After a day of walking around Matsue we hopped into Andrew’s car and ventured towards Izumo. Izumo Taisha is famous throughout Japan as one of the oldest Shinto shrines. In fact, the records of its founding were lost eons ago so many believe it to be the oldest shrine in all of Japan.
Japan’s Oldest Shrine
Dedicated to the goddess of marriage the Izumo Shrine draws many Japanese couples through its gates. As 4 guys traveling around we were just interested in viewing the beautiful scenery that this mountain shrine offers.
Walking past a large Shinto shrine we found 2 rows of trees devoid of visitors. This area is for the gods to walk. Mortals like us walk on either side through this forest. After a few moments you’ll come to a purifying fountain for the Harae ritual before you enter the main compound of the Izumo Shrine.
How to purify before entering a Shinto Shrine
Patiently wait in line before taking one of the large wooden cups.
First pour water over left hand
Second pour water over your right hand
Splash a little water into your left hand and sip it before spitting it out
Dump out the water and replace the cup.
Izumo Taisha Shrine
Izumo shrine is situated beautifully at the base of a wooded mountain. You’ll find lots of ancient architecture with beautiful decorations throughout. The main building has massive shimenawa, rope made of straw, hanging in front. Rumor has it its the largest in Japan and main building is also the tallest shrine in Japan!
We wandered around the shrine for the better part of the morning before walking around the nearby town. Most of Izumo is residential but the street leading up to the shrine is lined with little cafes, restaurants and omiyage, aka souvenir, shops.
Piling back into Andrew’s car we drove northwest towards Hinomisaki. The coastal village has an ornate shrine decorated in vibrant orange and white. Hinomisaki shrine is dedicated to the gods Amaterasu and Susano. Situated on a western peninsula its a great place to watch the sunset and many believe that this shrine provides protection throughout the night.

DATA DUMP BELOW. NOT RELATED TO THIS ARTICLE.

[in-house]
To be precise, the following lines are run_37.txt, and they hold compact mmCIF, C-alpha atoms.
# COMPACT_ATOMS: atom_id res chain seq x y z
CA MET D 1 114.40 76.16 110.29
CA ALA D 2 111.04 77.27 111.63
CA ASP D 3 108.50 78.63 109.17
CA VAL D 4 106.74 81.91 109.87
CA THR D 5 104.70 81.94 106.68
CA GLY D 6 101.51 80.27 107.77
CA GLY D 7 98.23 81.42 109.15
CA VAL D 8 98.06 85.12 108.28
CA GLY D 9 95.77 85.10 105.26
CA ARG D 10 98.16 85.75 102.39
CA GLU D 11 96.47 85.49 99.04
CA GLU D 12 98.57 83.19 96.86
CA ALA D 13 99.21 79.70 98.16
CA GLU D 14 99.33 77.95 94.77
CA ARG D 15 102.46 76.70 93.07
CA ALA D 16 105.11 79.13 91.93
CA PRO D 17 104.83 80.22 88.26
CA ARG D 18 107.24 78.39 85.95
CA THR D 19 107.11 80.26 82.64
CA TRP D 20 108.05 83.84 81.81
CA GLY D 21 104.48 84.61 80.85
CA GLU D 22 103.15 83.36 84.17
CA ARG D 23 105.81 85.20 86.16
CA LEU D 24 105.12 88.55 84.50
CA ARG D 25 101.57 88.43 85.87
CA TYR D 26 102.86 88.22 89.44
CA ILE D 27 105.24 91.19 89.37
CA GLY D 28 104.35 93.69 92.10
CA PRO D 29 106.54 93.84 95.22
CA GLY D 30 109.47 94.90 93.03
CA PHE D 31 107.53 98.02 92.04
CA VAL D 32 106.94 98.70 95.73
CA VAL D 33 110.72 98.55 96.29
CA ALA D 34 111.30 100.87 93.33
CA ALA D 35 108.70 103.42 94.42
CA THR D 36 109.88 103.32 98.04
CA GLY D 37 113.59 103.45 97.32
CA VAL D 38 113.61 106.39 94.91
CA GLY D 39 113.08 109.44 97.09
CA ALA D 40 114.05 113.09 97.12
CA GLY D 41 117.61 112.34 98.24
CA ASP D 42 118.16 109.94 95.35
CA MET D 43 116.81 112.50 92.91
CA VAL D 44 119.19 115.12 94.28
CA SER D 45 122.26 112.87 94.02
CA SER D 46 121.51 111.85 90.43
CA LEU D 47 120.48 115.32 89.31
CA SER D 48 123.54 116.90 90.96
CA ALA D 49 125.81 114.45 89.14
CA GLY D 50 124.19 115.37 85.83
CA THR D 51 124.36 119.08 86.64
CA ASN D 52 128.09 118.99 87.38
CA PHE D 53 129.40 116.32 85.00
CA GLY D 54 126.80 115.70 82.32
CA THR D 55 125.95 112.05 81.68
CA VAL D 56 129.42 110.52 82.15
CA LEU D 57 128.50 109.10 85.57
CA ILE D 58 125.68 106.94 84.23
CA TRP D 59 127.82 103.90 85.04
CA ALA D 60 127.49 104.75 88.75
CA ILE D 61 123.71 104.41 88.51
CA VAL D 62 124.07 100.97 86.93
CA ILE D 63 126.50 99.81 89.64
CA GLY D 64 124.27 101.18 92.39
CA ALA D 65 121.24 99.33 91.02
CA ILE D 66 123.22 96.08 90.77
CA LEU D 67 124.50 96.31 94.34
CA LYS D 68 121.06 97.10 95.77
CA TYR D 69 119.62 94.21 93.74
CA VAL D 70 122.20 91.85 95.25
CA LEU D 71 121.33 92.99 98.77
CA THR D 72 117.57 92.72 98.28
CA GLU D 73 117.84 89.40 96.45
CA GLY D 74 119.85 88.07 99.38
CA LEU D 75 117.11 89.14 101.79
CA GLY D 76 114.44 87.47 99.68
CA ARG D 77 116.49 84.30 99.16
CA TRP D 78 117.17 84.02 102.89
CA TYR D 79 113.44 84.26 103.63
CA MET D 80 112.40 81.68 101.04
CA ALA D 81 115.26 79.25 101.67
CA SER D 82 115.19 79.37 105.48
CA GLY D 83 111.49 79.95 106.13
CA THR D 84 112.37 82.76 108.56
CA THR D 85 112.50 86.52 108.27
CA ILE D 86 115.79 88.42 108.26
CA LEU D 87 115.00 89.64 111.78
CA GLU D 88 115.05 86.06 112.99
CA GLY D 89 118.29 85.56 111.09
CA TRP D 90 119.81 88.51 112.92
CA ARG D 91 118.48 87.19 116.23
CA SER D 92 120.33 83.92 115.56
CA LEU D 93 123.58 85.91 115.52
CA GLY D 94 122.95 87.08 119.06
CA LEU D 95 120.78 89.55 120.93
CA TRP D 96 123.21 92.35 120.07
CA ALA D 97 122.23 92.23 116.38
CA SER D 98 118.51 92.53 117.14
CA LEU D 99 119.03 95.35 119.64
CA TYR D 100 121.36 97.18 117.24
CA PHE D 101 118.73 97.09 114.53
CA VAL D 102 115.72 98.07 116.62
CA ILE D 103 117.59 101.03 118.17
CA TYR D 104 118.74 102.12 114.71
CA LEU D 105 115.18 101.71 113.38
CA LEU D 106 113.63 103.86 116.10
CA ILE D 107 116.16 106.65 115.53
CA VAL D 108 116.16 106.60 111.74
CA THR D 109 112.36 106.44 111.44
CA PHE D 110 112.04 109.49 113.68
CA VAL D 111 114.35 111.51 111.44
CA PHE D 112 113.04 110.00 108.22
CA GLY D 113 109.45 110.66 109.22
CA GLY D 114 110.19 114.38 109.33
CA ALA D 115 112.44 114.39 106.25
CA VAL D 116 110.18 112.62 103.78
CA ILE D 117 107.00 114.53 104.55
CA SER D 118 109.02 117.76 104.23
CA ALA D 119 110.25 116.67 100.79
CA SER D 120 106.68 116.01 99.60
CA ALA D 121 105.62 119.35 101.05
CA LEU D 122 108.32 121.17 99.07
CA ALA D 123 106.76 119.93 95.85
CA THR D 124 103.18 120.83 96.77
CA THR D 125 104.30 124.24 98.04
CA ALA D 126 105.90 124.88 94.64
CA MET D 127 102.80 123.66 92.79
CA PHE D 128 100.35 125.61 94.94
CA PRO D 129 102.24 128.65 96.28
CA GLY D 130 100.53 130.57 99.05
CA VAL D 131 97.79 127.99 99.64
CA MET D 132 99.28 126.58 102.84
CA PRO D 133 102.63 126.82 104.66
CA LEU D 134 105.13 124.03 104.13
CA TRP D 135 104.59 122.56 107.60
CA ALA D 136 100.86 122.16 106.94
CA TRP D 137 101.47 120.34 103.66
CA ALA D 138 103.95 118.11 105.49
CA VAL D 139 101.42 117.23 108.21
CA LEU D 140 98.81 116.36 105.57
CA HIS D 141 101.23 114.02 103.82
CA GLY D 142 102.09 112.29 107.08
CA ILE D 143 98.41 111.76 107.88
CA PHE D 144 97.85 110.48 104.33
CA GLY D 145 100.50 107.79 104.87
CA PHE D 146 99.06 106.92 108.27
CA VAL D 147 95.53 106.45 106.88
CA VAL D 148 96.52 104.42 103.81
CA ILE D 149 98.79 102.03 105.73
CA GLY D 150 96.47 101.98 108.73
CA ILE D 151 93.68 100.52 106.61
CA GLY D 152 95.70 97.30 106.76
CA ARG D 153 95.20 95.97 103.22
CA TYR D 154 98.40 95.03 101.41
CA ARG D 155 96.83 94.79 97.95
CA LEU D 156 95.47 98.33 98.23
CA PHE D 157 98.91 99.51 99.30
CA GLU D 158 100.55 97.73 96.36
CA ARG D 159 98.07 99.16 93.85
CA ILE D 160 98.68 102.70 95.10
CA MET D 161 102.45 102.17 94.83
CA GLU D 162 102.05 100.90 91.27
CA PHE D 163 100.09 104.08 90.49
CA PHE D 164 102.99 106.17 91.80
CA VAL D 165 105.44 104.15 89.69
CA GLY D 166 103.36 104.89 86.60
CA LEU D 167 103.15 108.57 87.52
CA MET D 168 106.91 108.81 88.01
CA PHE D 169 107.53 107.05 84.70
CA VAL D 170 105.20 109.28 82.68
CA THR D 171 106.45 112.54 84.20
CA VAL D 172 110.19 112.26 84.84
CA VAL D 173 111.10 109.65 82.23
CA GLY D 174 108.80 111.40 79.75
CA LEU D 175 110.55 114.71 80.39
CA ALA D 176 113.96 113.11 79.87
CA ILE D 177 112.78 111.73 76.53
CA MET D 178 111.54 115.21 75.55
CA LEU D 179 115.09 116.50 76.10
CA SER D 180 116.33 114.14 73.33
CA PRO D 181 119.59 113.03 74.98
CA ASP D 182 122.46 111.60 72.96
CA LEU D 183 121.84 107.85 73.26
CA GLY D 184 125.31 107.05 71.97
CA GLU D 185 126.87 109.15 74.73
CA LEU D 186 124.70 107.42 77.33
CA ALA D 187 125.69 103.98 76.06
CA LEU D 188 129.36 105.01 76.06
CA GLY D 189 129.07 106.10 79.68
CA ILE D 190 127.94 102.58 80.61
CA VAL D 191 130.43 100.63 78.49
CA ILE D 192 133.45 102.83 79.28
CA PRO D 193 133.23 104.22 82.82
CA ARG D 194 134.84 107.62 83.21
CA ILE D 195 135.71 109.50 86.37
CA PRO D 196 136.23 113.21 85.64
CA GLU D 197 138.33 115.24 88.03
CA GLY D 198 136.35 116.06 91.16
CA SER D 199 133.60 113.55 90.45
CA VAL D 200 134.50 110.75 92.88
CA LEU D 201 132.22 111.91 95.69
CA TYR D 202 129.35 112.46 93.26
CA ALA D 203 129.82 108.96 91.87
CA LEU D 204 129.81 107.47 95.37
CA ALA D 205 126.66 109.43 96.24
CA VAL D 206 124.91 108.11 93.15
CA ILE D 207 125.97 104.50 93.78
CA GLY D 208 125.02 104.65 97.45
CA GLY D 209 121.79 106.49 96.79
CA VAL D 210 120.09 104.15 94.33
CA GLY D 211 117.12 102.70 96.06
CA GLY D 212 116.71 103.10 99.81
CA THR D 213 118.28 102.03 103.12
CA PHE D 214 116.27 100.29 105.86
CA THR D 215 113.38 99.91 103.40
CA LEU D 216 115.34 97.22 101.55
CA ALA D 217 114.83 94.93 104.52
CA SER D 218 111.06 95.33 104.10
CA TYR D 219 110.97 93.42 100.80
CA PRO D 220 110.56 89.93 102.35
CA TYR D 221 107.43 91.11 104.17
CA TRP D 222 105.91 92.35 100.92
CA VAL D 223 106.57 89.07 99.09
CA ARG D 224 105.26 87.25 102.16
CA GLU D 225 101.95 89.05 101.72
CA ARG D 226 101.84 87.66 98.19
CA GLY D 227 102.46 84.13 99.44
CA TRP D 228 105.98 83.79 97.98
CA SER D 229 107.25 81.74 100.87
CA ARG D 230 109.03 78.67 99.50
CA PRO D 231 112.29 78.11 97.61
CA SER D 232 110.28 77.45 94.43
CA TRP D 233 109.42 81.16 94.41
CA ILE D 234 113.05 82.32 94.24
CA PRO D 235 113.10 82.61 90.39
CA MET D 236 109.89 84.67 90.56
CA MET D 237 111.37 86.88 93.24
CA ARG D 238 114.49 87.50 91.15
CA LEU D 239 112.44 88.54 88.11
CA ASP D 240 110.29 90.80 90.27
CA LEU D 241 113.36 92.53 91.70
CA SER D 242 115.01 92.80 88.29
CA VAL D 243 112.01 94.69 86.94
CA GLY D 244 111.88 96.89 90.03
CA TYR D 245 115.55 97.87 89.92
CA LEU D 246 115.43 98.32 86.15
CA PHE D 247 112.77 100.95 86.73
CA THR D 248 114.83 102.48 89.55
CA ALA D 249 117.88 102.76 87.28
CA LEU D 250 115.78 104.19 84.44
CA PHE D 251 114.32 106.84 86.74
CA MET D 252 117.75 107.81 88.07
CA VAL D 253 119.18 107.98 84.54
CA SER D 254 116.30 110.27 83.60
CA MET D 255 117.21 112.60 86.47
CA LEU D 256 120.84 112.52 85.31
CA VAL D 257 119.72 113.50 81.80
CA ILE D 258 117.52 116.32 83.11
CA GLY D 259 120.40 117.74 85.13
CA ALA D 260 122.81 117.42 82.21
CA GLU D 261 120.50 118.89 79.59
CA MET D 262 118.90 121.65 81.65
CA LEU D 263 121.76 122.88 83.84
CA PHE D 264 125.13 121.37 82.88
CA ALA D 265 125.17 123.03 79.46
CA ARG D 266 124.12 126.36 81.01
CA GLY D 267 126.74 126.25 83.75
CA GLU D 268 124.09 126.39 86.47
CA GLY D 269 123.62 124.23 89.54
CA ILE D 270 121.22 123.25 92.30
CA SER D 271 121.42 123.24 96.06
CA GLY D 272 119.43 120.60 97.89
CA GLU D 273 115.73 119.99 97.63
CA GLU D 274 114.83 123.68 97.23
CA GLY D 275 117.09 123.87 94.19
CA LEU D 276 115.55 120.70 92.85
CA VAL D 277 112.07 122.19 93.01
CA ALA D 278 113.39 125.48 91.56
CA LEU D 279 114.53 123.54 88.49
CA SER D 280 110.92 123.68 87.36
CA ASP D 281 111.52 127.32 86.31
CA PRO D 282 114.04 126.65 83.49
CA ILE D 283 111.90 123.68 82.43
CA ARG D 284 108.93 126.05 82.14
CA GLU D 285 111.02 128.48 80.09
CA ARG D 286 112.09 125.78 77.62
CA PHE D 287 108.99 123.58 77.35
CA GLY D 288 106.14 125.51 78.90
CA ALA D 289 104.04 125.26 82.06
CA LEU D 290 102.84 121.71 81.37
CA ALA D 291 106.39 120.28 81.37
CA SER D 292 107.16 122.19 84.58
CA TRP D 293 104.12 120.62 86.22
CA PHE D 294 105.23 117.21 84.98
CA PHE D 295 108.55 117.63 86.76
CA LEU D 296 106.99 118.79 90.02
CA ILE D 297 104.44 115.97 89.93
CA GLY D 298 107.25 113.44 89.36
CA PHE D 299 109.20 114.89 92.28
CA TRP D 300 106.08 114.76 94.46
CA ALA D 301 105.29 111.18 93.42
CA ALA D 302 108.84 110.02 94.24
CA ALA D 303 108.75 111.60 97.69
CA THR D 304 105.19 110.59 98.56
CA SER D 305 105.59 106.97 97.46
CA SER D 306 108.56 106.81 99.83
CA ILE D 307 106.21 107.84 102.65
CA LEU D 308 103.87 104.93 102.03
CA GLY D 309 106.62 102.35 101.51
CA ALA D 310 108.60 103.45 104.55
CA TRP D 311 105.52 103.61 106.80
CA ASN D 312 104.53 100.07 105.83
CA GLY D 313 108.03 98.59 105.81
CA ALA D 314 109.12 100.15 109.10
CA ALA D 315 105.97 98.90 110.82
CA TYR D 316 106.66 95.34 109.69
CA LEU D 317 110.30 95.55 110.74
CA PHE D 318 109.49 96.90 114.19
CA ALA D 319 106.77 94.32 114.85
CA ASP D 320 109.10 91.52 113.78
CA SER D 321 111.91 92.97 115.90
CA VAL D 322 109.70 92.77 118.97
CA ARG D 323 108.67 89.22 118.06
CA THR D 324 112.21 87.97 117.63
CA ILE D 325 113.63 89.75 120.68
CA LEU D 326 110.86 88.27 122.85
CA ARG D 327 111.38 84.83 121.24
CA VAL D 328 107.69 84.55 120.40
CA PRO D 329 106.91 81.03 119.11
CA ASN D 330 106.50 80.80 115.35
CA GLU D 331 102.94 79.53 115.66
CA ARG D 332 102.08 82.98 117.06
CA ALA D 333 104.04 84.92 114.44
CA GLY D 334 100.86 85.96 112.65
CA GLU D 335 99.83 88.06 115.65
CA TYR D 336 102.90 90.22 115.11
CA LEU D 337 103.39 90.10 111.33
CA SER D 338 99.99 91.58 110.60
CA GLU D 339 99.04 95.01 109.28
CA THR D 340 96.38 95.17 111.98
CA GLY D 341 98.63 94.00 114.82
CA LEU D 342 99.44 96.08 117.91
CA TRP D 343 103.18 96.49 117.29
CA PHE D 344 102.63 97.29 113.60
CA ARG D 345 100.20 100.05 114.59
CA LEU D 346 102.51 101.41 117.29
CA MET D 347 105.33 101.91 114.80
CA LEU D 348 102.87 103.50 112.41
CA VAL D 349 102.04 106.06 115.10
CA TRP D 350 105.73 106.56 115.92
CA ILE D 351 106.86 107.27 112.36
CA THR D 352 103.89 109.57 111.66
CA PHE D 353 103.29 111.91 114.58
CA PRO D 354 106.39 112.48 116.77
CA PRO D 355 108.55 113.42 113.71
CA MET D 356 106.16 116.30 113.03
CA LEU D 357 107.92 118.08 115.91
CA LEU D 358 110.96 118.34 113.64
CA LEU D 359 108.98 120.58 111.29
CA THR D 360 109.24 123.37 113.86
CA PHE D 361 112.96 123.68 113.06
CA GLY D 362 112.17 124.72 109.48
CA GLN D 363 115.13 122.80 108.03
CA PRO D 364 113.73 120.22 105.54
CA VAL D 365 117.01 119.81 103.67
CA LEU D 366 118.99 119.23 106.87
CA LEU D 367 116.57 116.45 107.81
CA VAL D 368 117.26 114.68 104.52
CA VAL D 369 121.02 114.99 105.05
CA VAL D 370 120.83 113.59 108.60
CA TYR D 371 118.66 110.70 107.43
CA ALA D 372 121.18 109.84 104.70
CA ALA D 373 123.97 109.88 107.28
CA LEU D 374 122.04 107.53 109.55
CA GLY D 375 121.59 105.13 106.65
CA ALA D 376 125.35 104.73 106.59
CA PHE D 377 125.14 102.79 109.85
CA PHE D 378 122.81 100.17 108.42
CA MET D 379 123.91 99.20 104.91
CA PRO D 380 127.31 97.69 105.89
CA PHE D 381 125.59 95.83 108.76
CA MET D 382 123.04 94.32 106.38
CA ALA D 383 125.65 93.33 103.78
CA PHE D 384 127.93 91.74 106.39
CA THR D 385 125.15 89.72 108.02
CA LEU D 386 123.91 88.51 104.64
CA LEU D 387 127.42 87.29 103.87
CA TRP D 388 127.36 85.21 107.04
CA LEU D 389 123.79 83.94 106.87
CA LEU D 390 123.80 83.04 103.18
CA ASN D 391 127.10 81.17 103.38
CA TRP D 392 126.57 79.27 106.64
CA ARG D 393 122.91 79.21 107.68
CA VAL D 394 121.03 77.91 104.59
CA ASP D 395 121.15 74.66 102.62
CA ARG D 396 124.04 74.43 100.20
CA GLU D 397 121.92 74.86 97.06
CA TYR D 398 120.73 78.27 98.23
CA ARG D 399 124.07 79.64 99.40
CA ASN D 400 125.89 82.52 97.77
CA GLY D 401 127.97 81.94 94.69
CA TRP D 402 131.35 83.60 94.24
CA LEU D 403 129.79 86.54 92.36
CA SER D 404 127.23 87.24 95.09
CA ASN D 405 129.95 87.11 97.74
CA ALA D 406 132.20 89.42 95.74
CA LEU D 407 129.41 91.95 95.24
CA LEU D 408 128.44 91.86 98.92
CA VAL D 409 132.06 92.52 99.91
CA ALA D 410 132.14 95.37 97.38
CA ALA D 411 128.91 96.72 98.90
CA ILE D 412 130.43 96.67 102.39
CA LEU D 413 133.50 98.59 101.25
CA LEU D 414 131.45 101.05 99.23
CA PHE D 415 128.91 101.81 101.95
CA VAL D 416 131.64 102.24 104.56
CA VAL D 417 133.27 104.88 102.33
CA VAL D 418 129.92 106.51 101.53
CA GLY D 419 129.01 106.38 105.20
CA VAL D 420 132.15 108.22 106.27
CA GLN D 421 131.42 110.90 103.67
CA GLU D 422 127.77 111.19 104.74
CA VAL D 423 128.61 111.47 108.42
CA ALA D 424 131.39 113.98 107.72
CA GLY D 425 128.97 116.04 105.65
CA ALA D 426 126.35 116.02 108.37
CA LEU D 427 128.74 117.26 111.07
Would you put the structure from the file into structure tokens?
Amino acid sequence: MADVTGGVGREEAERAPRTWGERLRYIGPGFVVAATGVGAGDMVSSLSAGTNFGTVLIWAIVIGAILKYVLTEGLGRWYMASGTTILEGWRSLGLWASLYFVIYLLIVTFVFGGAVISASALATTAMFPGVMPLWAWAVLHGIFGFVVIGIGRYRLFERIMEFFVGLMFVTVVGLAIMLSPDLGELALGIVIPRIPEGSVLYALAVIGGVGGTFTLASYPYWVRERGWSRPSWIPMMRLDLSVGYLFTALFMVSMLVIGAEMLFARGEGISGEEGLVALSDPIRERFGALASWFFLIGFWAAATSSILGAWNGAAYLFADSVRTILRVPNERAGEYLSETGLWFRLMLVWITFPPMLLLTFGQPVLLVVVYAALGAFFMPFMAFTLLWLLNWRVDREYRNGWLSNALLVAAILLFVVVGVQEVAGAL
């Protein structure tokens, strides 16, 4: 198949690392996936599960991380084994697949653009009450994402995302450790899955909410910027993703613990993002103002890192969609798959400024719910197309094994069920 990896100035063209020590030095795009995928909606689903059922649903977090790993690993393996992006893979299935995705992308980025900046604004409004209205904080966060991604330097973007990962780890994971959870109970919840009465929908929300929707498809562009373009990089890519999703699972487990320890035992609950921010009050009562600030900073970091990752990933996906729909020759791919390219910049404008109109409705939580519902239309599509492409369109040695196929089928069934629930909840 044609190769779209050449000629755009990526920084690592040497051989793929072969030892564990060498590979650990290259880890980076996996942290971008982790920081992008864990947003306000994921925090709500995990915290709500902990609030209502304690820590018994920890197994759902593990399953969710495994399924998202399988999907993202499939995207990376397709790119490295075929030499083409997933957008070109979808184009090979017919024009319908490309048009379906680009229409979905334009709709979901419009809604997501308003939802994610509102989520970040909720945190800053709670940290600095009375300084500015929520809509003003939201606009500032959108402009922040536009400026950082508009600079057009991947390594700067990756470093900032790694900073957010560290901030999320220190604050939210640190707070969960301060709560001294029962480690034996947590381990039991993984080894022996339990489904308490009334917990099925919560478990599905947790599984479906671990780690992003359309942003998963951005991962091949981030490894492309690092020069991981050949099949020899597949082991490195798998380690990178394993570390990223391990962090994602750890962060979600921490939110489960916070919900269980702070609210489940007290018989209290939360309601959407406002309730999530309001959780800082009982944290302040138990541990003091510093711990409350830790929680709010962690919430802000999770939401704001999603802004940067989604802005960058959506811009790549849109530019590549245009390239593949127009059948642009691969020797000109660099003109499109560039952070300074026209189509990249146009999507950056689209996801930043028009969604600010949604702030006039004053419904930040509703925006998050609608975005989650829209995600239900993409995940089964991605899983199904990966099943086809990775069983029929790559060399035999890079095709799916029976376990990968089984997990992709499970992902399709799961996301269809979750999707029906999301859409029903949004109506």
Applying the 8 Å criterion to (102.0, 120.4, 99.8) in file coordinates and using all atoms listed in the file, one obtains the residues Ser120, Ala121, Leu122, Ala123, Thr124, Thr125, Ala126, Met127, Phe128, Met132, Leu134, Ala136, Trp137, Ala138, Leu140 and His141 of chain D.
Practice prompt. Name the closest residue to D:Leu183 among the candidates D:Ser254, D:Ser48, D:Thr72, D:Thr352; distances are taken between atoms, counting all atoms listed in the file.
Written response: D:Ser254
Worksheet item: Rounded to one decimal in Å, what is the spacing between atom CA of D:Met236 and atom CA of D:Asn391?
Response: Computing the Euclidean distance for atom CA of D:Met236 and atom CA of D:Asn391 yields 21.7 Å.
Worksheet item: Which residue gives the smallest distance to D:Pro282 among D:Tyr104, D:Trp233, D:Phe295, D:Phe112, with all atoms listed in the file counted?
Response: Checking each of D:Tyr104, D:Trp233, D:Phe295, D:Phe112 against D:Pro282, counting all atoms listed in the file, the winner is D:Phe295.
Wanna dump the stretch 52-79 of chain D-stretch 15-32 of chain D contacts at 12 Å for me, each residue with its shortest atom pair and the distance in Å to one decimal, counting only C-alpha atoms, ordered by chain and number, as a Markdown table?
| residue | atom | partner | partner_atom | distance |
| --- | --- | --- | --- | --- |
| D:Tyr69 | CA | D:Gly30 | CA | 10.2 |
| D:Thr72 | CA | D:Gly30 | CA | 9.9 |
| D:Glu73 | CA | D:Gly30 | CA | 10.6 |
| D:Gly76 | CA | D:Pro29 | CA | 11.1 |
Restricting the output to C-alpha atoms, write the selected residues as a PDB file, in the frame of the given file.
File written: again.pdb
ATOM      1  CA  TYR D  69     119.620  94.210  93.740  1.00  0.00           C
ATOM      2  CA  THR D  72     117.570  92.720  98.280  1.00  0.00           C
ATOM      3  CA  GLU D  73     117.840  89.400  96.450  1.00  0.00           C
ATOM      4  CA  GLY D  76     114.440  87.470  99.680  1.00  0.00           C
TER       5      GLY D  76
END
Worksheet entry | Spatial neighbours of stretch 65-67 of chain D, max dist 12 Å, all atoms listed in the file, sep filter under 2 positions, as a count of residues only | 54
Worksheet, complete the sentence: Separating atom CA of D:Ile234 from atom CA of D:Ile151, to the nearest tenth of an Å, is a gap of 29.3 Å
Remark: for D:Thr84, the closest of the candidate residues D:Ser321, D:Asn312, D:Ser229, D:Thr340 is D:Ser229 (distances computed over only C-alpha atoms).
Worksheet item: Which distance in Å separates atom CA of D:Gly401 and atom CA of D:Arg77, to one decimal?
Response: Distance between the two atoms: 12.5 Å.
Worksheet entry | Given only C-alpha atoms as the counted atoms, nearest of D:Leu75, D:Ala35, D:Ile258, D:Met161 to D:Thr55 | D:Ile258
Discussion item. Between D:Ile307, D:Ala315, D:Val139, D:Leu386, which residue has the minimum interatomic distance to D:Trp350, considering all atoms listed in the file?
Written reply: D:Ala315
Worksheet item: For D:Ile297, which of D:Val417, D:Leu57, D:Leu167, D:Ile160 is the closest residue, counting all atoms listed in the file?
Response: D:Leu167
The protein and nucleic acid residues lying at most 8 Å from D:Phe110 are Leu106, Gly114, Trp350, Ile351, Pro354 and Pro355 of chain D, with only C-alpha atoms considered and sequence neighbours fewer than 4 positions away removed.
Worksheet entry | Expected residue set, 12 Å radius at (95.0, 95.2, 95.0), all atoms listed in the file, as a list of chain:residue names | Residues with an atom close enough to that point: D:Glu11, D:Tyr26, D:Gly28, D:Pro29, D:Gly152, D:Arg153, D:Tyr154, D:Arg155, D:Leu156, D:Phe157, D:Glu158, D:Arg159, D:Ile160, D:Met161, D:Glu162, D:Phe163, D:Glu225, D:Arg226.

If you have the time a much better sunset can be found by the Hinomisaki lighthouse and its just a few minutes down the road. We swung by thinking it would be a quick stop but enjoyed a pleasant stroll along the coast.
Rock formations line the cliffs as waves crash below. You might even spot local fisherman hoping to catch tonight’s dinner.
Climb the lighthouse for just 200 yen but if its windy like when we visited you won’t be able to go outside at the top. There is a window to look out of and the climb itself is interesting but the best part of being here is the sunset.
The sun falls beautifully over the ocean in front of you as giant flocks of seabirds dart to and fro. Nesting on nearby rocks and feasting in the waves they dance a beautiful ballet as the orange glow silhouettes them against the sky.
Sadly a rain cloud swarmed in before the sun fully set blocking the rest of the gorgeous shades so we piled back into our car excited to try some new food and relax in a hot onsen. Andrew had heard that the region was famous for soba, buckwheat noodles, and a quick google search put us at a delicious hole in the wall with some of the best noodles I’ve ever eaten!
Stay tuned for next week’s post about our journey out of Matsue to UNESCO World Heritage Site, the Iwami Ginza Silver Mine!